US v. Dwight Gooding, No. 13-4995 (4th Cir. 2014)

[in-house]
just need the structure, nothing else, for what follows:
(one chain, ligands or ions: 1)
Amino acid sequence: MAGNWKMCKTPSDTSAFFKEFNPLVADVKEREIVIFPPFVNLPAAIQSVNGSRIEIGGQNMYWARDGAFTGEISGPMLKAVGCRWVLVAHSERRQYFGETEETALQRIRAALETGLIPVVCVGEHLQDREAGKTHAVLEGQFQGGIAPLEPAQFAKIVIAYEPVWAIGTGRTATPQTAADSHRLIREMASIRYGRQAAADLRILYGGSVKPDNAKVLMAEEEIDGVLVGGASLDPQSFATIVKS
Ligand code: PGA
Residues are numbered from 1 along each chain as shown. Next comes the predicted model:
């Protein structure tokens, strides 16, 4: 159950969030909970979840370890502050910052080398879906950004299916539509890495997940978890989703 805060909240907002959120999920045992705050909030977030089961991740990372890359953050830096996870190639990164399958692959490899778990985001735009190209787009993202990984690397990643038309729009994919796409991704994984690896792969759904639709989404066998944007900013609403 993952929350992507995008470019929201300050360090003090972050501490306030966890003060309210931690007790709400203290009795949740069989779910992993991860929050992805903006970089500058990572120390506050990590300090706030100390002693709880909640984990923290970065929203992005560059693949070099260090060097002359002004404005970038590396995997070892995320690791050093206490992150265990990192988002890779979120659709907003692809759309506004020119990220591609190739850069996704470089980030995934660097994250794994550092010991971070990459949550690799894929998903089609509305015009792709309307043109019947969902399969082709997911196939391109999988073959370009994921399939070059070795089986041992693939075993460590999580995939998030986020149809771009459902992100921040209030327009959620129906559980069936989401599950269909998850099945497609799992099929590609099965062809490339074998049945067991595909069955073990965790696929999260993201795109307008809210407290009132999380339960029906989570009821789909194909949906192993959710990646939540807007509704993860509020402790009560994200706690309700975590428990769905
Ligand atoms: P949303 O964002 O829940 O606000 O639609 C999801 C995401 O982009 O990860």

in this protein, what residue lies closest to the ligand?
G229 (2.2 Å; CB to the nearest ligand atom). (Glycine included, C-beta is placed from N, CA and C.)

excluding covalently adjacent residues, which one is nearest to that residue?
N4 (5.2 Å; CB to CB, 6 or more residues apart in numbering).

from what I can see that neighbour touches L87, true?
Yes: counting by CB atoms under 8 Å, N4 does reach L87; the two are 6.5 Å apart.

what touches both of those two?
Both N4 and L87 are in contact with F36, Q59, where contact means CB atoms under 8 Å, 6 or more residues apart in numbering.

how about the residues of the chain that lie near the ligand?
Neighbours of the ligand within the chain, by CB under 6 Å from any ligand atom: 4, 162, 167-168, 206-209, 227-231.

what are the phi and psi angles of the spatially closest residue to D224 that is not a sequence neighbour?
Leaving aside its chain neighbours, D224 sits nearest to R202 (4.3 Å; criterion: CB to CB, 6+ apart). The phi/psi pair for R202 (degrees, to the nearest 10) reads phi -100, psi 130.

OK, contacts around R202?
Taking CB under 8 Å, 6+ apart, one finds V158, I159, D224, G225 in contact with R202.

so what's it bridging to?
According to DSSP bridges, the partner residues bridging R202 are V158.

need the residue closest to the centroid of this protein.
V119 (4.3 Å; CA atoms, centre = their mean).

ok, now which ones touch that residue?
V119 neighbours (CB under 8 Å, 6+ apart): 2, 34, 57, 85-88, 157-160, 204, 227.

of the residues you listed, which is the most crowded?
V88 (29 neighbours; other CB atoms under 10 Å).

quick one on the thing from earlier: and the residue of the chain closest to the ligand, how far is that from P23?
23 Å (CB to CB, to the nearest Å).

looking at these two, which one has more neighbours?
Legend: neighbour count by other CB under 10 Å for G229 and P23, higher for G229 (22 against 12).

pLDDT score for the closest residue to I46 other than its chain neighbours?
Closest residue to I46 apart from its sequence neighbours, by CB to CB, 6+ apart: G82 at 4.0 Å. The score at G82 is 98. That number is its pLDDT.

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UNPUBLISHED UNITED STATES COURT OF APPEALS FOR THE FOURTH CIRCUIT No. 13-4995 UNITED STATES OF AMERICA, Plaintiff – Appellee, v. DWIGHT GOODING, a/k/a D BLACK, Defendant - Appellant. Appeal from the United States District Court for the Eastern District of North Carolina, at Raleigh. Terrence W. Boyle, District Judge. (5:13-cr-00136-BO-1) ARGUED: October 29, 2014 Decided: December 8, 2014 Before NIEMEYER, WYNN, and THACKER, Circuit Judges. Affirmed by unpublished per curiam opinion. ARGUED: Stephen C. Leckar, KALBIAN & HAGERTY, LLP, Washington, D.C., for Appellant. Kristine L. Fritz, OFFICE OF THE UNITED STATES ATTORNEY, Raleigh, North Carolina, for Appellee. ON BRIEF: Thomas G. Walker, United States Attorney, Jennifer P. May-Parker, Assistant United States Attorney, OFFICE OF THE UNITED STATES ATTORNEY, Raleigh, North Carolina, for Appellee. Unpublished opinions are not binding precedent in this circuit. PER CURIAM: On December 19, 2013, Dwight Gooding (“Appellant”) was sentenced to 84 months of imprisonment, plus ten years of supervised release, resulting from his guilty plea to a charge of conspiracy hearing, to distribute defense counsel Appellant’s behalf. heroin. did not During say a the sentencing single word on Appellant now brings this direct appeal asking us to find that the record conclusively establishes a violation of his Sixth Amendment right to the effective assistance of counsel. The Supreme Court has stated, “[I]n most cases a motion brought under [28 U.S.C.] § 2255 is preferable to direct appeal for deciding claims of ineffective assistance.” v. United States, 538 U.S. 500, 504 (2003). this preference are clear. Massaro The reasons behind Above all else, collateral review provides an opportunity for a full airing of the ineffectiveness issue -- including any explanation the defense attorney might offer for his conduct. Here, looking only at the record on appeal, we are loath to accept Appellant’s argument that nothing could justify defense counsel’s decision to remain silent -particularly where the prosecutor actually spoke in support of Appellant and recommended a below-guideline Appellant in fact received. 2 sentence, which Therefore, because the record before us does not conclusively establish a constructive denial of counsel under the standard set forth in United States v. Cronic, 466 U.S. 648 (1984), we decline to vacate Appellant’s sentence. I. The criminal case underlying this appeal was the product of a 2012 police investigation into gang-related drug trafficking Carolina. in Appellant’s home city of Henderson, North Investigators with the Henderson Police Department determined that members of a gang known as the “Money Mob Gang” were selling soaked in large amounts formaldehyde. of The heroin, as investigators well as marijuana further concluded that armed gang members were committing robberies and assaults to facilitate these sales. During this investigation, officers arranged for a confidential informant to purchase heroin from Appellant on two occasions. Police estimate the total amount of heroin involved in these transactions at 0.374 grams. 1 Separately, confidential informants bought a firearm from an unindicted person in October 1 This is the estimated weight of heroin purchased in those two transactions. Police alleged, though, that Appellant was carrying an additional five or six bundles, or 0.725 grams, of heroin at the time of the second transaction. 3 2012. Police alleged that the firearm belonged to Appellant, and that the seller made the sale on Appellant’s behalf. Police also obtained statements from six people claiming to have knowledge about Appellant’s participation in the illegal received drug ten trade. bricks of One person heroin from alleged a that supplier Appellant each week. Another person claimed to have observed Appellant sell heroin more than 100 times. In May 2013, a grand jury indicted Appellant on three charges: one count of conspiracy to distribute and possess with intent to distribute heroin in violation of 21 U.S.C. § 846, plus two counts of knowing and intentional heroin in violation of § 841(a)(1). agreement in lieu of trial. distribution of Appellant accepted a plea Pursuant to the agreement, Appellant pled guilty to the conspiracy charge and promised to cooperate with the Government in its investigation. In exchange, the Government agreed to drop the two distribution charges. The calculated presentence Appellant’s investigation offense level under report the (“PSR”) United States Sentencing Guidelines at 25. This calculation was based in part on determination the probation accountable possessed for officer’s 158.85 firearms grams during of his 4 heroin that and Appellant that drug-trafficking was Appellant activities. Taking Appellant’s probation officer criminal history concluded that into the consideration, 2 Sentencing the Guidelines imprisonment range was 110 months to 137 months. Appellant objected to several contentions in the PSR, including the determination that he was accountable for 158.85 grams of heroin. Appellant initially asserted that he should have been accountable for only 40 to 60 grams. In addition, Appellant denied any involvement in the October 2012 firearm sale. Appellant abandoned all of these objections prior to sentencing. The district court sentenced Appellant on December 19, 2013. The only words spoken by defense counsel during the sentencing hearing came at the very beginning of the proceeding, when counsel bid the judge good morning. In his allocution, Appellant told the court that he is grateful to God for helping him recognize “the wrongdoing that 2 Per the PSR, Appellant’s criminal history includes ten convictions between 2006 and 2012. These include felony convictions in 2009 for common law robbery; possession with intent to manufacture, sell, or deliver marijuana; and possession of a stolen firearm. The PSR notes that defense counsel had objected to the inclusion of one conviction: a 2011 conviction for harassing phone call(s). Defense counsel claimed the case had been dismissed, but the probation officer stated in the PSR that he was able to confirm that this charge did result in a conviction. Appellant’s brief asserts that defense counsel abandoned the objection. 5 Supp. J.A. 4. 3 [he] was doing in the streets.” Appellant said he knows he has to accept responsibility for his actions. He proceeded to explain that he has cooperated with the government “to the fullest extent, tell them everything that I possibly could tell because I’m trying to get on a new path and new life because now I’m living for my son.” Id. The district court replied that Appellant has “a lot to be sorry for.” Supp. J.A. 4. When Appellant told the court that he was not “raised to even be in this situation,” id. at 5, the court noted that Appellant had “a whole page of priors, arrests anyway, right? . . . So they didn’t just pick the wrong name and put a lot of heat on you, did they?” Id. The prosecutor informed the court that Appellant was “one of the very few defendants who have cooperated” in the investigation of drug trafficking in Henderson. Supp. J.A. 6. Information provided by Appellant had already been used against three federal defendants, she said, and was likely to be used against others in the future. The prosecutor further told the court that in light of Appellant’s “vast assistance,” and the general “lack of cooperation on the parts of others,” id. at 7, 3 Citations to the “Supp. J.A.” refer to the contents of the Supplemental Joint Appendix filed by the parties in this appeal. 6 the Government was recommending a sentence of 66 months -- well below the Sentencing Guidelines range. The court then proceeded to direct a series questions at a Henderson Police Department lieutenant. of In the course of this inquiry, the court remarked that gun violence is a significant problem in Henderson and asked the lieutenant about the habits of Money Mob Gang members, including whether they operate concluding crack this houses line of and sleep questioning, in their the cars. court turned Upon to Appellant: THE COURT: What kind of gun do you usually shoot with? It’s not a trick question. I mean, you carried a gun all your life, so what kind of gun do you use? Do you carry a great big .45 or carry a .32 or .22? Just tell me, I’m curious. You are a gun guy, right? APPELLANT: Not no more, sir. I wasn’t since my first incarceration. THE COURT: Why is it so hard question answered? APPELLANT: Before my incarceration I carried a .380. Supp. J.A. 13-14. to get a The court then sentenced Appellant to 84 months of imprisonment, plus ten years of supervised release. II. Appellant argues on appeal that his lawyer’s silence during the sentencing hearing 7 presumptively prejudiced Appellant. He asks us to vacate and remand for resentencing or, alternatively, for a hearing on the issue of ineffectiveness. Because the district court made no findings on this issue, our review must be de novo. See United States v. Smith, 640 F.3d 580, 596 (4th Cir. 2011). III. A. Our rules of procedure endeavor to “‘induce litigants to present their contentions to the right tribunal at the right time.’” Massaro v. United States, 538 U.S. 500, 504 (2003) (quoting Guinan v. United States, 6 F.3d 468, 474 (7th Cir. 1993) (Easterbrook, J., concurring)). For criminal defendants who wish to challenge their conviction or sentence on grounds of ineffective assistance of counsel, our rules present three options: (1) a motion for a new trial, 4 (2) a direct appeal, or (3) a collateral challenge pursuant to 28 U.S.C. § 2255. See United States v. Martinez, 136 F.3d 972, 979 (4th Cir. 1998). 4 Rule 33 of the Federal Rules of Criminal Procedure permits a district court to “vacate any judgment and grant a new trial if the interest of justice so requires.” Fed. R. Crim. P. 33(a). We have stated that an ineffective assistance claim “may be brought as a motion for new trial based on ‘other grounds,’” as provided in Rule 33(b)(2). United States v. Smith, 62 F.3d 641, 650 (4th Cir. 1995) (quoting Fed. R. Crim. P. 33). Such motions, however, “must be filed within 14 days after the verdict or finding of guilty.” Fed. R. Crim. P. 33(b)(2). No such motion was filed here. 8 Appellant has chosen the second option, despite this court’s repeated warnings that we consider ineffective assistance claims on direct appeal only under limited circumstances. See, e.g., United States v. Smith, 62 F.3d 641, 651 (4th Cir. 1995); Sneed v. Smith, 670 F.2d 1348, 1354-55 (4th Cir. 1982) (per curiam); United States v. Mandello, 426 F.2d 1021, 1023 (4th Cir. 1970) (per curiam). The Supreme Court has explained why it is generally preferable to bring an ineffective assistance claim via a § 2255 motion, rather than on direct appeal. In Massaro v. United States, the Court reasoned that a district court will ordinarily be “the forum best suited to developing the facts necessary to determining trial.” the adequacy of 538 U.S. at 505. representation during an entire A district court, it noted, may take testimony from witnesses -- including, perhaps, the attorney who allegedly rendered opportunity is deficient unavailable performance. on direct See id. appeal. This Rather, the appellate court must rely solely on trial records that are “not developed precisely for the object of litigating or preserving [an ineffective assistance] claim and thus [are] incomplete or inadequate” for the purpose at hand. often Id. at 504- 05. The record may show what defense counsel did or did not say, but the reviewing court can counsel did or did not say it. 9 only speculate as to why For these reasons, we have consistently held that a defendant “may raise an ineffective assistance claim in the first instance on direct appeal only where the ineffectiveness conclusively appears from the record. Otherwise, ineffective assistance claims should be raised in the district court in a collateral proceeding under 28 U.S.C. § 2255.” United States v. Russell, 2000) 221 F.3d 615, 619 n.5 (4th Cir. (citation omitted) (internal quotation marks omitted). With this in mind, we proceed to consider Appellant's Sixth Amendment claim. B. Appellant argues that the trial record “confirms conclusively” that defense counsel’s silence at the sentencing hearing “fell performance.” indicated below the Sixth Appellant’s Br. 6. that an Amendment’s threshold of In United States v. Brown, we ineffectiveness claim is conclusively established when the trial record “compel[s] the conclusion that [counsel] was constitutionally ineffective.” 93 (4th Cir. 2014). 757 F.3d 183, 191- Our review of the record in this case compels no such conclusion. 10 The Sixth Amendment body” at the defense table. 5 guarantees “[m]ore than a warm United States v. Smith, 640 F.3d 580, 589 (4th Cir. 2011) (internal quotation marks omitted). Rather, a defendant is entitled to a “reasonably competent attorney,” United States v. Cronic, 466 U.S. 648, 655 (1984) (internal necessary quotation to ensure marks that omitted), the trial who is Washington, 466 U.S. 668, 685 (1984). “plays fair,” the role Strickland v. Thus, the Supreme Court has said, “[t]he right to the effective assistance of counsel is . . . the right of the accused to require the prosecution’s case to survive the crucible of meaningful adversarial testing.” Cronic, 466 U.S. at 656. Most of the time, a Sixth Amendment ineffectiveness claim will be analyzed under the two-part test set forth in Strickland v. Washington, 466 U.S. 668 (1984). Lewis, 834 F.2d 853, 859 (9th Cir. 1987). See Harding v. Under the Strickland test, a defendant must show, first, that counsel’s performance was deficient, and, second, prejudiced the defense.” that the “deficient performance Strickland, 466 U.S. at 687. We have no occasion to apply the Strickland test here because Appellant 5 The criminal right . . . U.S. Const. Sixth Amendment states in pertinent part: “In all prosecutions, the accused shall enjoy the to have the Assistance of Counsel for his defence.” amend. VI. 11 has made no showing of prejudice. Indeed, Appellant conceded at oral argument that Strickland does not govern his appeal. Rather, Appellant asserts that this is one of those rare cases in which we simply presume that counsel’s performance prejudiced the defense. See James v. Harrison, 389 F.3d 450, 455 (4th Cir. 2004) (explaining that a presumption of prejudice arises under “certain circumstances” in which “prejudice ‘is so likely that case-by-case inquiry . . . is not worth the cost’” (alteration in original) (quoting Strickland, 466 U.S. at 692)); see also Hollenback v. United States, 987 F.2d 1272, 1275 (7th Cir. 1993) (outlining “an exception to the Strickland standard . . . for certain circumstances that are so egregiously prejudicial that presumed”). In ineffective Cronic, the assistance Supreme of Court counsel identified is three “circumstances that are so likely to prejudice the accused that the cost of litigating their effect in a particular case is unjustified.” 466 U.S. at 658. Those circumstances are: (1) “when the defendant is completely denied counsel ‘at a critical stage of his trial’”; (2) when “there has been a constructive denial of counsel”; and (3) “‘when although counsel is available to assist lawyer, the even assistance appropriate accused a is fully so during competent small without trial, that inquiry a into 12 one, the likelihood could provide presumption the actual of that any effective prejudice conduct of is the trial.’” Glover v. Miro, 262 F.3d 268, 275 (4th Cir. 2001) (quoting Cronic, 466 U.S. at 659-60). “A finding of per-se prejudice under any of these three prongs is an extremely high showing for a criminal defendant to make.” Id. (internal second category, quotation marks omitted). Appellant arguing that his places this lawyer’s case silence in at the the sentencing amounted to a constructive denial of counsel. denial exists when lawyer case prosecution’s “a ‘entirely to meaningful fails adversarial hearing A constructive to subject testing,’ the thus making ‘the adversary process itself presumptively unreliable.’” Glover, 262 F.3d at 275 (quoting Cronic, 466 U.S. at 659). is not enough to allege that counsel was effective at It some points of a sentencing proceeding but ineffective at others; rather, “the attorney’s failure must be complete.” Bell v. Cone, 535 U.S. 685, 696-97 (2002). Appellant contends that, in this case, “there was no one speaking for the hearing. Reply Br. 9. at side, his expressing defendant Not so. delivered remorse for his a at all” at the sentencing Appellant himself, with counsel heartfelt criminal 13 allocutory conduct and statement asserting a desire to change his ways. 6 commended Appellant for More importantly, the prosecution his “vast assistance” in ongoing criminal investigations and urged the court to issue a sentence well below the Sentencing Guidelines range. The prosecution made these statements without presenting any evidence against Appellant at the sentencing hearing. Under the circumstances, we cannot say a defense lawyer would be unwise to sit back and let the Government do the talking. Cf. Warner v. Ford, 752 F.2d 622, 625 (11th Cir. 1985) (suggesting that, in an adversarial proceeding, “[s]ilence can constitute . . . strategy.”). The hearing Government’s distinguishes this posture case at from Appellant’s sentencing several the Appellant cites in support of his position. of cases In those cases, the Government presented evidence that defense counsel neglected to 6 To be sure, an allocutory statement does not absolve a defense attorney of his responsibility to effectively represent his client. This case, however, does not require us to decide whether defense counsel fell short of his obligations under the Sixth Amendment, and we do not so do. The question before us is simply whether the record on direct appeal conclusively establishes a constructive denial of counsel under Cronic. In this context, we find Appellant’s allocutory statement worthy of note. Without a fully developed record, there is no way to know whether it was a strategic decision for Appellant to speak in lieu of counsel, nor whether defense counsel played some role in helping Appellant craft his statement. 14 challenge. 7 See Miller v. Martin, 481 F.3d 468, 473 (7th Cir. 2007) (per curiam) (finding a constructive denial of counsel at a sentencing hearing in which the defense lawyer, by his own admission, “did not offer a shred of mitigating evidence,” object to errors in the PSR, or “even lobby for a sentence lower than the one urged by the State”); Patrasso v. Nelson, 121 F.3d 297, 303-05 (7th Cir. 1997) (holding that defense counsel was constitutionally ineffective for failing to rebut adverse evidence at the sentencing hearing); Harding v. Davis, 878 F.2d 1341, 1343 (11th Cir. 1989) (presuming prejudice under Cronic where defense counsel was silent throughout client’s criminal trial). In Patrasso v. Nelson, the Seventh Circuit condemned as “especially grievous” defense counsel’s failure to even attempt to contradict the prosecution’s case at sentencing, given that “the facts and circumstances presented [by the prosecution] at trial and relied upon heavily at sentencing were one-sided and very possibly inaccurate.” 121 F.3d at 304-05. Here, by counsel, it contrast, there was no case for the defense to contest. Instead, Appellant’s gripe with defense would seem, is not that he failed to challenge the prosecutor, but rather that he failed to 7 challenge the court. See We note as well that the Sixth Amendment ineffectiveness claims in these cases were presented in habeas petitions, rather than on direct appeal. 15 Appellant’s attitude judge’s Br. (asserting the towards 13 defendant “brusqueness should that was have “the district troubling,” set off an and amber defense counsel that intercession was necessary”). very different sort of complaint, as it raises judge’s that the light to This is a potentially complex questions about the interchange between counsel and the bench. No doubt, there will be times when the tenor of a court’s colloquy might well persuade counsel that silence is his best option. 8 This is not an instance of a lawyer sleeping through trial. Cir. See, e.g., Burdine v. Johnson, 262 F.3d 336, 341 (5th 2001) (en banc) (holding that “a defendant’s Sixth Amendment right to counsel is violated when that defendant’s counsel is repeatedly unconscious through not insubstantial portions of the defendant’s capital murder trial”); Tippins v. 8 Appellant identifies four matters that, in his view, defense counsel should have brought to the court’s attention -specifically, Appellant’s “poly-substance abuse,” his parents’ gainful employment, his “stable relationship with his infant son and the baby’s mother,” and his efforts at rehabilitation. Appellant’s Reply Br. 13 (internal quotation marks omitted). Counsel might also have noted that Appellant was making voluntary child support payments at the time of his arrest. In fact, though, Appellant’s allocutory statement referred to both his love for his son and his efforts to turn his life around. Interrupting the court’s colloquy to raise these points again would have been redundant and quite possibly unwise. Moreover, each of these points was addressed in the PSR, and it is not at all clear what the defense stood to gain from mentioning them again. 16 Walker, 77 criminal F.3d 682, defendant 687 (2d Cir. “suffered 1996) (concluding prejudice, by that presumption a or otherwise, if his counsel was repeatedly unconscious at trial for periods of time in which defendant’s interests were at stake”); Javor v. United States, 724 F.2d 831, 833 (9th Cir. 1984) (“[W]hen through a an attorney substantial for portion a of criminal the defendant trial, such sleeps conduct is inherently prejudicial and thus no separate showing of prejudice is necessary.”). other Nor, for that matter, does this case resemble out-of-circuit attention. cases that Appellant commends to our In one of those cases, Martin v. Rose, an attorney who mistakenly believed that mounting a defense at his client’s sex offense trial would waive his pretrial motions declared in open court that he would not participate in the trial. F.2d 1245, 1247-48 participation,” (6th the Cir. Sixth 1984). Circuit Such held, was error even without any showing of prejudice.” A Miller client v. to similarly Martin. keep ill-conceived There, silent a approach defense throughout “total lack of “constitutional Id. at 1250-51. was attorney the See 744 at work instructed sentencing in his hearing, apparently because he expected the appellate court would agree to order a new trial. he, too, would remain 481 F.3d at 470. mute, except to The lawyer decided that inform the sentencing court that his client did not recognize the court’s authority. 17 Id. The Seventh Circuit held that counsel’s “advocacy at sentencing was so non-existent as to fall within even [Cronic’s] very narrow exception.” Id. at 473. The case before us is different. neither disclaimed his Counsel in this case responsibilities resistance to the court’s jurisdiction. prosecution to advocate nor declared his He simply kept mum, permitting the for a below-guideline sentence. Based solely on our review of the record before us, we cannot say that this decision was so indicative of prejudice that a case-specific inquiry would not be worthwhile. IV. As Appellant concedes, it is well settled in this circuit that “a claim of ineffective assistance should be raised in a 28 U.S.C. § 2255 motion in the district court.” United States v. King, 119 F.3d 290, 295 (4th Cir. 1997) (internal quotation marks omitted). Nevertheless, Appellant argues that, at the very least, we ought to remand his case to the district court with instructions to conduct ineffective assistance claim. a full hearing on his Appellant has not persuaded us that remand would be proper in this case. There circuits that is widespread post-conviction agreement proceedings among are our sister generally proper avenue for ineffective assistance claims. the See, e.g., United States v. Ferguson, 669 F.3d 756, 762 (6th Cir. 2012); 18 United States v. Patterson, 595 F.3d 1324, 1328 (11th Cir. 2010); United States v. Yauri, 559 F.3d 130, 133 (2d Cir. 2009); United States v. Rice, 449 F.3d 887, 897 (8th Cir. 2006); United States v. Medina, 427 F.3d 88, 91 (1st Cir. 2005); United States v. Gordon, 346 F.3d 135, 136 (5th Cir. 2003) (per curiam); United States v. Givan, 320 F.3d 452, 464 (3d Cir. 2003); cf. United States v. Flores, 739 F.3d 337, 341-42 (7th Cir. 2014) (advising criminal realistic chance assistance). defendants of that success” § 2255 on a “affords claim of the only ineffective But see United States v. Todd, 287 F.3d 1160, 1164 (D.C. Cir. 2002) (providing that “where, as here, an ineffective assistance claim cannot be resolved on the current record, this circuit remands”). Two of those circuits, the Second and Third, have to found reason remand for proceedings court, but in limited circumstances. in the district While the Second Circuit has indicated that it ordinarily would not remand an ineffective assistance claim, it made an exception in a case where the Government consented to a remand on a separate ineffectiveness claim. See Yauri, 559 F.3d at 133. Similarly, in Government of the Virgin Islands v. Vanterpool, the Third Circuit reaffirmed its general practice of eschewing ineffective assistance claims on direct appeal but remanded because the appellant would have been ineligible for collateral relief. (3d Cir. 2014). 19 See 767 F.3d 157, 163-64 Neither of these circumstances is presented here. Instead, Appellant argues that remand is appropriate because his claim of ineffectiveness is strong, and because relegation to a § 2255 proceeding Appellant’s Br. 19. “would be inefficient in the extreme.” Our court, however, is not in the habit of deciding which claims, if any, are so strong that the efficiency of remand would be preferable to collateral review. Rather, we have clearly and consistently stated that a § 2255 motion is the “proper appeal. avenue” for claims ill suited for review on direct United States v. Baptiste, 596 F.3d 214, 216 n.1 (4th Cir. 2010). Appellant has given us no reason to deviate from this practice. Appellant may pursue his ineffective assistance claim by filing a timely motion for habeas relief under § 2255, if he so desires. V. For the foregoing reasons, the judgment of the district court is AFFIRMED. 20